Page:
As Christians we believe God will ultimately redeem evil and that good can come out of it, but this does not work as an explanation – primarily because it doesn’t always work that way. As shown, the mystery of God and the mystery of evil reveals how limiting and pathetic our explanations are. Why there are ‘answers’ out there, they end up doing more harm than help.

The meaningless suffering of Christ and Job

HT007715In order to set-up Job’s meaningless suffering, according to Žižek, we must understand Christ’s. Put otherwise, Job’s suffering is as meaningless as Christ’s death. There is no possible utilitarian calculation that succeeded. For Rene Girard, perhaps Christ’s sacrifice accomplishes nothing other than putting an end to the rotary cycle of revenge and punishment (i.e., sacrifice). Christianity is transgressive to the social order then because it breaks from scapegoat mechanisms (the desire to sacrifice an innocent victim for the purpose of social cohesion). God simply refuses violence.

For Žižek Christ’s dereliction on the cross “repeats God’s own self-abandonment required of creation” whereby God withdrew himself in order to create the world. The founding act of contraction. What comes ‘out of’ this primal chaos remains insecure and unorganized at times. For Žižek, repeating Schelling, “the passage from chaos to creation anticipates Lacan’s account of the passage from the real to the symbolic, i.e., the process of becoming a subject.” To put otherwise, the symbolic order only emerges out of the abyss (of the abyss). Madness, therefore, is part of the divine mind, part of the given order, and part of being human. But confronting life in its arbitrariness and meaninglessness, the suspension of the symbolic, is “the most horrible thing to encounter.” And its not an encounter that can last long. But in the encounter we have are given the freedom to act outside of given patterns. We can change it.

Coming full circle I repeat that “Christ traumatizes the symbolic networks of supports”; primarily the existing norm of retributive justice. But the act of the cross was still senseless. There was no guarantee on the other side. Christ’s break/suspension for the ethical/symbolic code of his society implies “a moment of utter abandonment.” But as covered above, ideology merely covers and obfuscates the real. Likewise, making sense of suffering is just another fantasy to distance ourselves from suffering. The lesson we gain from Christ and Job’s suffering “is that there is no secret and hence no answer” to “why existence is marked by suffering.”

Job’s assertion that suffering is meaningless corresponds to Christ’s because Christ’s suffering was also meaningless; meaningless in the sense that it cannot be sensibly reduced to a sacrifice in an economy of exchange

Job's comi-cosmic epiphany

ckellerIn one of the more creative approaches to theodicy I have recently viewed appears in Catherine Keller’s chapter “Recesses of the Deep” in her book Face of the Deep. A key tool to her reading of Job seems to involve the literary genre of comedy (specifically found in folk culture) delineated by Bakhtin; strategies including parody, irony and satire. In this light Job is the ‘fool’ who defies God by employing humor, specifically mockery while putting God ‘on trial’. Job challenges creation. He calls upon chaos to defeat order. God answers by giving Job what he asks for, the chaos of life. Rather than give Job a direct answer, “God changes the subject” through demonstrations of chaotic whirlwinds. In a twist of tragedy, the joke is on Job.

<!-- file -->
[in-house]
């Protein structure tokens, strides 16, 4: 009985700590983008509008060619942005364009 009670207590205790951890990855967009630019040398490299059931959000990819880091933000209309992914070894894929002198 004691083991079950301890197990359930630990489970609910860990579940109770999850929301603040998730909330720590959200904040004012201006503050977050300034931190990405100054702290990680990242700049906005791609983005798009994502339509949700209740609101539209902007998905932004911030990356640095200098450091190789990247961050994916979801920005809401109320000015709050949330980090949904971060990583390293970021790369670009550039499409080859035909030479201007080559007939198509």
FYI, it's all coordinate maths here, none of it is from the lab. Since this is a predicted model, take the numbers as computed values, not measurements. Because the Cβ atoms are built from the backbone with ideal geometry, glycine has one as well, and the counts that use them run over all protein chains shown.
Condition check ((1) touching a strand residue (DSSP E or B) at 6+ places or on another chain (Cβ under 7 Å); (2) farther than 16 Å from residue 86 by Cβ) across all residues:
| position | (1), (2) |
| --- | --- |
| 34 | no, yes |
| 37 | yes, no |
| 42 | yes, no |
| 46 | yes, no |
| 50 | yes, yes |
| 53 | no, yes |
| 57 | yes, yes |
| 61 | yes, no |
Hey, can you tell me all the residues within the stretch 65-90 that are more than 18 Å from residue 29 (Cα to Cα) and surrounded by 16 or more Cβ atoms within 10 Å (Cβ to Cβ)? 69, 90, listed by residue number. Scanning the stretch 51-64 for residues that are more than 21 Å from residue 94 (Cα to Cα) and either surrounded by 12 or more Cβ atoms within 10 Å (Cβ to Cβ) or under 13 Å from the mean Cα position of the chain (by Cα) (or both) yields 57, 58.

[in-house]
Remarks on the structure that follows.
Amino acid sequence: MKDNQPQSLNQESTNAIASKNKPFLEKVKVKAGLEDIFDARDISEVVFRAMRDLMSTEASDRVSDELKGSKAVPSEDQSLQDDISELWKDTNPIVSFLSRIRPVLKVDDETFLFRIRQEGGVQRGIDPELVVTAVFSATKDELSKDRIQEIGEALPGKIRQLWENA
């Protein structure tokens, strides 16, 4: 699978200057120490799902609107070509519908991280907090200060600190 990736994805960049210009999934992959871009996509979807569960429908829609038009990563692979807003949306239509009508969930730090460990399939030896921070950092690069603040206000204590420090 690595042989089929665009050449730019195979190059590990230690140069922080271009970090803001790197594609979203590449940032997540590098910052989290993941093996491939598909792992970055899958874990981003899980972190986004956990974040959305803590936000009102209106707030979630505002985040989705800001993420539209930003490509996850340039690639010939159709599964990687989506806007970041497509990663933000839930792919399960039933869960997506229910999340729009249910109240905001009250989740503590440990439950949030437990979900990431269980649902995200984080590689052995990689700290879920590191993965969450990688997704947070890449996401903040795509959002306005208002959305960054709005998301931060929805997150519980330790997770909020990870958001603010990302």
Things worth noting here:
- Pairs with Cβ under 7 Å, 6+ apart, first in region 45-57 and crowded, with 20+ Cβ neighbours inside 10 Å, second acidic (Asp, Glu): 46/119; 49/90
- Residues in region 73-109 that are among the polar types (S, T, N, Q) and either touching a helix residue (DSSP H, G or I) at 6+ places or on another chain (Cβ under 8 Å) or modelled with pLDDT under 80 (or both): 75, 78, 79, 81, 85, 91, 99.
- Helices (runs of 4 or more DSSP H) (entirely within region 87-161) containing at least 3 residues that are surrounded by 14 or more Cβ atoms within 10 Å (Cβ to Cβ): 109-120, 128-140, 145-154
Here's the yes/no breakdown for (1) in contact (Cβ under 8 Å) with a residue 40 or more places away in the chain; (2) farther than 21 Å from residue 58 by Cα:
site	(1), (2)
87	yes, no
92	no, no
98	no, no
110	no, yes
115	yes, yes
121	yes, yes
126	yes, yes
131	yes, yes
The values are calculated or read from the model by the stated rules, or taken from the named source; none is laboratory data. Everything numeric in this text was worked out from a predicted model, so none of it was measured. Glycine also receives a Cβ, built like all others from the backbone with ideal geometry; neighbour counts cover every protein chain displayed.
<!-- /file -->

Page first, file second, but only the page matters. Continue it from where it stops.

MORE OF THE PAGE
But what is YHWH’s point? “You are ignorant and mortal, human, so shut up”? Or rather: “Be still and see all this!”? To me they should like the fulminations of an artist whose morals have been questioned while her creations get ignored

In other words, it’s not a show of omnipotent bully power to put Job in his right place (how it has been favorably interpreted by imperialists). Rather, God is asking Job to take a second look at all of creation and move beyond his theological anthropomorophism that ignores nonhuman nature. In fact, Job is inundated with reference to animals that have typically been ignored and erased by theologians attending to the text of Job. To this Keller asks, “Might our indifference [to animals] reflect the cultivated distaste for the chaos of creation?” Perhaps, Keller suggests, the presence of animals in the text of Job are there to resist human dominance and control of creation. This does not set well on the conscious of those who have come to understand the task of God’s human creatures to ‘subdue’ the earth. But Keller points back to that passage in Genesis and takes us one verse further in order to disclose what it is that we have dominion over: frankly, ‘vegetarian domination’. In other words, “we are given what the rest of the animals get.”

Like Moby Dick Leviathan makes a mockery of the whaling industry… But in this deft parody of the ancient work trade and business class, the windy vortex mocks teh powers of global commericalization; it puts in question the assumption of the exploitability of the wild life of the world – the “subdue and have dominion” project. The chaos monster does not seek vengeance but respect for its domain

While Keller admits that the answer to Job’s question “is still bowin’ in the wind” she nonetheless directs us to the interconnectivity and value of all creation. Our human status implies a responsibility in caring for the earth, not abusing it. Perhaps Keller’s most insightful point from Job is,

It is not up to God to right our moral wrongs, to fix our injustices and correct our oppressions. That doesn’t happen. To depend on God to intervene, to justify “himself,” to operate as the just patriarch is to abdicate our own moral responsibility on earth